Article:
To confirm this type of pain, an anesthetic and anti-inflammatory drug is injected in the joint. The recommended therapeutic procedure is the radio-frequency ablation of the nerve supplying the joint.

Diagnostic procedures:

SI-joint block
This block is performed by administering a local anesthetic to confirm or disconfirm the possibility that the sacroiliac joint is the source of the pain condition. Above all, it is a diagnostic test, where the pain alleviation depends on the duration of the effect of the anesthetic.

Therapeutic procedures:

Thermal radio-frequency ablation

VISCERAL PAIN

Pain in the chest and abdominal area
• Visceral (pancreatic) pain is caused by the activation of pain receptors in visceral organs. The pain is usually described as permanent, griping, or cramping. It cannot be easily localized and it radiates in all directions. Chronic pancreatic pain responds very well to the block procedure affecting the nerves connected to the pancreas.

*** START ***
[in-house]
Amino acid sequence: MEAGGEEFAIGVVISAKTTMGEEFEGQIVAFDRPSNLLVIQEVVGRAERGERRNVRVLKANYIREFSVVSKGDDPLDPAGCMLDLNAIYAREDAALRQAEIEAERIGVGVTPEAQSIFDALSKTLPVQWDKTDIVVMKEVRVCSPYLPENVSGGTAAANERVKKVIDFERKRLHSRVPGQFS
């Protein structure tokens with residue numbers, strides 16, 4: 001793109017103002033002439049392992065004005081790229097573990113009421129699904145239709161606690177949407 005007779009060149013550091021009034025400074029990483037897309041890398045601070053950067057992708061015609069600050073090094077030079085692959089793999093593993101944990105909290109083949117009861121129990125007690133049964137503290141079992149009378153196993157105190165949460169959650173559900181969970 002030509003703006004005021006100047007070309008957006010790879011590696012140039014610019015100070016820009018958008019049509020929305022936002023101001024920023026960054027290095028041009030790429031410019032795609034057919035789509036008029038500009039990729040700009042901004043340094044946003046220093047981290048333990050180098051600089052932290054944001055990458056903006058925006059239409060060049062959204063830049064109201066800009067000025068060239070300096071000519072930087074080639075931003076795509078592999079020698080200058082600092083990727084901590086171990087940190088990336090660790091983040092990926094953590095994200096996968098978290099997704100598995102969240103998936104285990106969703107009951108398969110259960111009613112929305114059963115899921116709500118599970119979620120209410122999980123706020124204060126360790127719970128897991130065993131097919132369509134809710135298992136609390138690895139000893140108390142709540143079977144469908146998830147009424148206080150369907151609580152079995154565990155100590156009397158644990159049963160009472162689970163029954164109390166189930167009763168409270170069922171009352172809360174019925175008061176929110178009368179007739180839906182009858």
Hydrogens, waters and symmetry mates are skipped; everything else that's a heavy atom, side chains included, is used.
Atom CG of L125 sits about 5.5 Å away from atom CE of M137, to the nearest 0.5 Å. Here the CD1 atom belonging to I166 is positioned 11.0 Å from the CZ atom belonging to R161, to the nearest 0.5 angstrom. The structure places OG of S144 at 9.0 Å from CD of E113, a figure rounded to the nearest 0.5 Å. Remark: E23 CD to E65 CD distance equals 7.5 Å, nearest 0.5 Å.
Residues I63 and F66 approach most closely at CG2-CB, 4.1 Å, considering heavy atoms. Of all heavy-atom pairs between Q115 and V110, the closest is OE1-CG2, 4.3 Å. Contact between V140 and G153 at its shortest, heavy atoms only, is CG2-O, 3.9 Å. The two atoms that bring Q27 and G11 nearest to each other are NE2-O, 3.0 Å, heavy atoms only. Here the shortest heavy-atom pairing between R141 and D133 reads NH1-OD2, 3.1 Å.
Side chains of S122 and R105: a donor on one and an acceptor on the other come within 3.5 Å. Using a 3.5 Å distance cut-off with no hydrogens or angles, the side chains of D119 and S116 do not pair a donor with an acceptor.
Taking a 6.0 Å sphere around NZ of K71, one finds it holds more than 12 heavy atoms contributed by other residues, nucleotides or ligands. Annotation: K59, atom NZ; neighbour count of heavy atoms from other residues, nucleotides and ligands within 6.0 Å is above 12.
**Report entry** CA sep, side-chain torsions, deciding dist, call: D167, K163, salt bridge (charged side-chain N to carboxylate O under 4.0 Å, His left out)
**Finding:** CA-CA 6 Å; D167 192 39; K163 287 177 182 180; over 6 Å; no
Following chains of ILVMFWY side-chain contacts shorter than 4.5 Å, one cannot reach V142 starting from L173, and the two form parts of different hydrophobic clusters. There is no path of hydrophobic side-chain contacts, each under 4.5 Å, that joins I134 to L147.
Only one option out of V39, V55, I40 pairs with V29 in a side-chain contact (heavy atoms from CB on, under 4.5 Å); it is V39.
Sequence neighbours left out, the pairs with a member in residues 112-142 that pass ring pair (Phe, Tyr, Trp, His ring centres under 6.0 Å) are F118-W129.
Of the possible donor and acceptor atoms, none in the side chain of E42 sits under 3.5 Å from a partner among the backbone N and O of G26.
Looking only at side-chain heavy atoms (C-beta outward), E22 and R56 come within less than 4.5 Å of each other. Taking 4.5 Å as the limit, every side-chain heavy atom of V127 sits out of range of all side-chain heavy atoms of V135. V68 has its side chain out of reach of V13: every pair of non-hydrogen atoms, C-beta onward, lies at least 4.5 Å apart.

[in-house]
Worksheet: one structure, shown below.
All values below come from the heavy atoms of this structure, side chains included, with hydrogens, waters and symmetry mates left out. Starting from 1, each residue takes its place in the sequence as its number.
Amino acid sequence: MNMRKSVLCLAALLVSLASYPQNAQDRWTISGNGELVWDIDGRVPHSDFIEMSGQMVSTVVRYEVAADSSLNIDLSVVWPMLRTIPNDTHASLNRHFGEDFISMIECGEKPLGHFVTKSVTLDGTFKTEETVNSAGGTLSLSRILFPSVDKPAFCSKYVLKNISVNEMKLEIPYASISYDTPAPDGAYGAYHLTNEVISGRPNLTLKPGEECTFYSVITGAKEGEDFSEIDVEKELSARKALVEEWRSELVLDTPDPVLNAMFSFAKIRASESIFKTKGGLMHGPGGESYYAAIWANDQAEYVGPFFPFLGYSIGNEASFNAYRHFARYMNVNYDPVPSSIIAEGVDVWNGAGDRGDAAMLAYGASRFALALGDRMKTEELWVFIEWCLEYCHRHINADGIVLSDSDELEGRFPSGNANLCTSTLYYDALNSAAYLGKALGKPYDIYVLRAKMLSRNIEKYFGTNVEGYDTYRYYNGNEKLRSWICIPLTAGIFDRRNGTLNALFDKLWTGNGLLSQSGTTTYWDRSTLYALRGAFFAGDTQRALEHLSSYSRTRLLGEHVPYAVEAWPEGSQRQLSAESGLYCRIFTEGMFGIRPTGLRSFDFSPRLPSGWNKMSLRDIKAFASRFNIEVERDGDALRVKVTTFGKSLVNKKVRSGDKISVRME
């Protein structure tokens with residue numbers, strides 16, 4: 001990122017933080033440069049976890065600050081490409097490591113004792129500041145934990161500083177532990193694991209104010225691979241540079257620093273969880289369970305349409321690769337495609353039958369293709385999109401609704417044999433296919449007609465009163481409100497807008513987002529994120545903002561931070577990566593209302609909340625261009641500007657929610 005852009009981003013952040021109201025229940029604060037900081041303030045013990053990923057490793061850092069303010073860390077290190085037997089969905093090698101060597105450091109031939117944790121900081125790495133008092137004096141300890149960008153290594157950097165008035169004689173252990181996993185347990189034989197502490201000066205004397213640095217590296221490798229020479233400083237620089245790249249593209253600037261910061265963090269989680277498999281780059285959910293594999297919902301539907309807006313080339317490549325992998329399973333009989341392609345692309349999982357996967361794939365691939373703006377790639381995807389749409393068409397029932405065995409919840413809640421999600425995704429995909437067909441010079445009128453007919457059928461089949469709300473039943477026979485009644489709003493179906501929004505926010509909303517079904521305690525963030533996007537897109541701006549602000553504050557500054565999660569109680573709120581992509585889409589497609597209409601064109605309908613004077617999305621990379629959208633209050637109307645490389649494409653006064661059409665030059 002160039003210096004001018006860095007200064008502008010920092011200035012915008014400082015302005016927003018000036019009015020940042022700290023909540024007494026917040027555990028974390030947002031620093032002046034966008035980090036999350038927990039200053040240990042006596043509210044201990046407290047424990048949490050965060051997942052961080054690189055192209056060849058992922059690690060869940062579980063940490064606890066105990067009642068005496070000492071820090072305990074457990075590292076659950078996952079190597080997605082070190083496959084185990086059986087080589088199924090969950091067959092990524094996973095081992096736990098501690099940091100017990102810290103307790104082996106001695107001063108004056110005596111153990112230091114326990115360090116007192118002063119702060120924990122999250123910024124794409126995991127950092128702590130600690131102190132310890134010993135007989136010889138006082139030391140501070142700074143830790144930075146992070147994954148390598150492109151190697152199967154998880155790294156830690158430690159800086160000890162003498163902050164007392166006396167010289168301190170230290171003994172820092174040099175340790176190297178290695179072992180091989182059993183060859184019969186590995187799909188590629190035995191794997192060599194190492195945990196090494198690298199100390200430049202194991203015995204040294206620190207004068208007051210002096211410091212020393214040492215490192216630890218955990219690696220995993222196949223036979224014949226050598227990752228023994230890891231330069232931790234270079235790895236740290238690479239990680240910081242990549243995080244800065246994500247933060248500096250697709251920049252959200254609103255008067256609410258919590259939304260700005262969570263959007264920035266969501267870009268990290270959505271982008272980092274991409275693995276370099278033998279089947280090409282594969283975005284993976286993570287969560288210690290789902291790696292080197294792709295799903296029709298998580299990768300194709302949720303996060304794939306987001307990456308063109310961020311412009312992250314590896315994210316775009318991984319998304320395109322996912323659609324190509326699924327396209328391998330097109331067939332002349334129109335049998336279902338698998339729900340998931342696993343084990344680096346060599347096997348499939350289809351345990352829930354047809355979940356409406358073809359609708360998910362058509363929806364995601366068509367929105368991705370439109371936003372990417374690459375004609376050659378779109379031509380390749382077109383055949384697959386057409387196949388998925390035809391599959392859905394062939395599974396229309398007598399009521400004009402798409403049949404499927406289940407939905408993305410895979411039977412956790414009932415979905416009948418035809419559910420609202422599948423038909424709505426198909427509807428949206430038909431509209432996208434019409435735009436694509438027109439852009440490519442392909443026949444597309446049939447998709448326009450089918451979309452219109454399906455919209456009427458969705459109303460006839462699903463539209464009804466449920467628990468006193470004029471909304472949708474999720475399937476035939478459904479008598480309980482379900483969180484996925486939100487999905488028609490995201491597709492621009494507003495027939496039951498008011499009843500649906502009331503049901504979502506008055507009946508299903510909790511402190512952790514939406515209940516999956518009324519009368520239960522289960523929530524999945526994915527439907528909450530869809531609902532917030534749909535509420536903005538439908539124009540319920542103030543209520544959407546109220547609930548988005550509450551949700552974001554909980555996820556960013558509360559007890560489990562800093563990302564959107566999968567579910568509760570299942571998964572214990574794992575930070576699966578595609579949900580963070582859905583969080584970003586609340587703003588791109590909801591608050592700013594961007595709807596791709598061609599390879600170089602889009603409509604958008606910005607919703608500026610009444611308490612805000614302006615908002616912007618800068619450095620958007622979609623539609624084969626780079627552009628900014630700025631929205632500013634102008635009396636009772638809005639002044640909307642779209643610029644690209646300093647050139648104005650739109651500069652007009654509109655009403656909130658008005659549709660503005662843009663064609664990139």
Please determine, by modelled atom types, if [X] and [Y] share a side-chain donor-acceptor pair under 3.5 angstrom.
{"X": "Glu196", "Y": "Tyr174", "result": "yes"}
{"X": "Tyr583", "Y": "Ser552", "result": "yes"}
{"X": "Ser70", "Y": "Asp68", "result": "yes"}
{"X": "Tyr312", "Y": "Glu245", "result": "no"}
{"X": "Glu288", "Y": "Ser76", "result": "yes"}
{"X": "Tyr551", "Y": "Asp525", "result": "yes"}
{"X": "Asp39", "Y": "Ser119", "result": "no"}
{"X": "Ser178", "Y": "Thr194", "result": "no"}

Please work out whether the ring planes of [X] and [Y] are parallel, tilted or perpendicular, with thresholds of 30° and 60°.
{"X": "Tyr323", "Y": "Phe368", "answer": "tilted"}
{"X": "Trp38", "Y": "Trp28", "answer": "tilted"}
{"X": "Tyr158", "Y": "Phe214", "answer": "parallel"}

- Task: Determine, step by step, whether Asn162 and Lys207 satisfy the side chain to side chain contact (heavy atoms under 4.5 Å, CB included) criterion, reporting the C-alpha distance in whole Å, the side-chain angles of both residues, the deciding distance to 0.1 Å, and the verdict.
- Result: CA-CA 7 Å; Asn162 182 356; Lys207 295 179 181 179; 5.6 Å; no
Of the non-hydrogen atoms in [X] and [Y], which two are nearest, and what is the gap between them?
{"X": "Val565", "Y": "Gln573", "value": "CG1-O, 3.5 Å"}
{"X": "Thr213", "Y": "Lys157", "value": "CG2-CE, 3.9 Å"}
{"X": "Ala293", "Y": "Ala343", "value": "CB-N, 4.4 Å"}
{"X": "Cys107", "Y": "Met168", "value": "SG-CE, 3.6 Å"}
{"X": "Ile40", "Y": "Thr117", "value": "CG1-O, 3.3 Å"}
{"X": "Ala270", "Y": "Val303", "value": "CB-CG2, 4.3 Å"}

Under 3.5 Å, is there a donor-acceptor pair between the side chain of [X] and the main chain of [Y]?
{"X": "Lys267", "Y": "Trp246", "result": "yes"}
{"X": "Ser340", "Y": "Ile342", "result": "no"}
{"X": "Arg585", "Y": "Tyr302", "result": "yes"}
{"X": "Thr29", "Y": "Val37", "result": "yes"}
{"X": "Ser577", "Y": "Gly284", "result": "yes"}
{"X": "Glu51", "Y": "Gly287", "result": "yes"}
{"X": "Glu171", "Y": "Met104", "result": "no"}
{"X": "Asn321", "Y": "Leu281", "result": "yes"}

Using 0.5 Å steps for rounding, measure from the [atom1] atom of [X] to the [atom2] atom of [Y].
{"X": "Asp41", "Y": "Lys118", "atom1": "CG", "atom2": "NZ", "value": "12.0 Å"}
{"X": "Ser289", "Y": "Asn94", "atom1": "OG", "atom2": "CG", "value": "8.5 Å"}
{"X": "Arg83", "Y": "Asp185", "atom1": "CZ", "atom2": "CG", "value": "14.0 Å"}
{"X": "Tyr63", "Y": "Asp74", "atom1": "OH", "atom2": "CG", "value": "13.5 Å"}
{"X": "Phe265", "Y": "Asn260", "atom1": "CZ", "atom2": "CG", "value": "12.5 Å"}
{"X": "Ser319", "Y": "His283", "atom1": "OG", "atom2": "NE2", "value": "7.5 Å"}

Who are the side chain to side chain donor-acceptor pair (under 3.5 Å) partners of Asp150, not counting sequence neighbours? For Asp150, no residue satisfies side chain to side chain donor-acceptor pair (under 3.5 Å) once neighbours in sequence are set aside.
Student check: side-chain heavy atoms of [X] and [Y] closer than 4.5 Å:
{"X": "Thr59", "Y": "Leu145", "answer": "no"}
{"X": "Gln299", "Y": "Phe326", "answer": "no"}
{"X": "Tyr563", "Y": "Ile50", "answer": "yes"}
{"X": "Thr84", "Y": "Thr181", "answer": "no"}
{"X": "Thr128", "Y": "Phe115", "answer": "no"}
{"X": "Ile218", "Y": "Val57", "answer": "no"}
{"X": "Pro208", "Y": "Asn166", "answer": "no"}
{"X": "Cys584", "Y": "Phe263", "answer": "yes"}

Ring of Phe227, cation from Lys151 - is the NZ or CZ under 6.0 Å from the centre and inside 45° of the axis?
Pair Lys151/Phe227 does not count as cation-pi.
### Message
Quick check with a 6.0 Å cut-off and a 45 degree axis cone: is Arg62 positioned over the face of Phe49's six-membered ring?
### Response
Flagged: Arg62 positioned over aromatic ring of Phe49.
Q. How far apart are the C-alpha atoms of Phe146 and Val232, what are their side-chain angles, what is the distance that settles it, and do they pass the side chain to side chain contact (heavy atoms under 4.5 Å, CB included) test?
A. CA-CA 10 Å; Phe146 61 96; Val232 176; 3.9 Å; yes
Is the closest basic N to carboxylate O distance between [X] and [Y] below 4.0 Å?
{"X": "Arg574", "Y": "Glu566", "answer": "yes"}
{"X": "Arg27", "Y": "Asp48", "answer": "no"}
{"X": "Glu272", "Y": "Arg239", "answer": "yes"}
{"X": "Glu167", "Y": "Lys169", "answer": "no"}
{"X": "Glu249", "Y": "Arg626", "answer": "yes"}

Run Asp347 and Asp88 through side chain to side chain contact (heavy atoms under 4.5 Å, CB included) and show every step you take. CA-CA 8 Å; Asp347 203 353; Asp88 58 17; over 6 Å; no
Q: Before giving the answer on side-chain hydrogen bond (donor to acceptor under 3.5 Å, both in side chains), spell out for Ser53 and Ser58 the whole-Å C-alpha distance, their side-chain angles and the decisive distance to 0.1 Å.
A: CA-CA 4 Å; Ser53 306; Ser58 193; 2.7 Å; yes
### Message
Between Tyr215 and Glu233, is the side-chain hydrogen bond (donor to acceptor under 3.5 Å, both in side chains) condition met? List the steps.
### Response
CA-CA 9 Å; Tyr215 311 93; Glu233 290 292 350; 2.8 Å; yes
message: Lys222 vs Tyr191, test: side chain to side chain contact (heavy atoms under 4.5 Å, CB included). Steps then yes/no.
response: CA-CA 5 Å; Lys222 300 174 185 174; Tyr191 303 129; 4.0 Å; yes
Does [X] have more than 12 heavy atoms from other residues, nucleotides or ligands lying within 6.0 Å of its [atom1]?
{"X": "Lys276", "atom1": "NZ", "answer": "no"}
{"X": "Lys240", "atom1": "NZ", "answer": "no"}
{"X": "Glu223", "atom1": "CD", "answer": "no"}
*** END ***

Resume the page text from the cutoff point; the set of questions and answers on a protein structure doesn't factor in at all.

Diagnostic procedures:

Peripheral-nerve block

Therapeutic procedures:

Thermal radio-frequency ablation
Chemical neurolytic block
◦ The administration of a neurolytic agent (a substance destroying nerves) is used for a long-term destruction of nerves, which were confirmed to be the source of the pain by a previously performed diagnostic procedure.

Pelvic pain
• Patients suffering from pelvic pain localize it in the area of the bladder, large intestine, for women in the area of uterus and ovaries, for men in the prostate and testicles. Chronic pelvic pain is often diagnosed by gastroenterologists, urologists, and internists. For many patients suffering from this type of pain, the source is never discovered. It is important to realize that the pain in these patients is not just a symptom but that they suffer from a chronic pelvic pain syndrome. To confirm the source of the pain, diagnostic nerve blocks are used. Neurolytic blocks or thermal radio-frequency ablation are performed to achieve a long-lasting pain relief.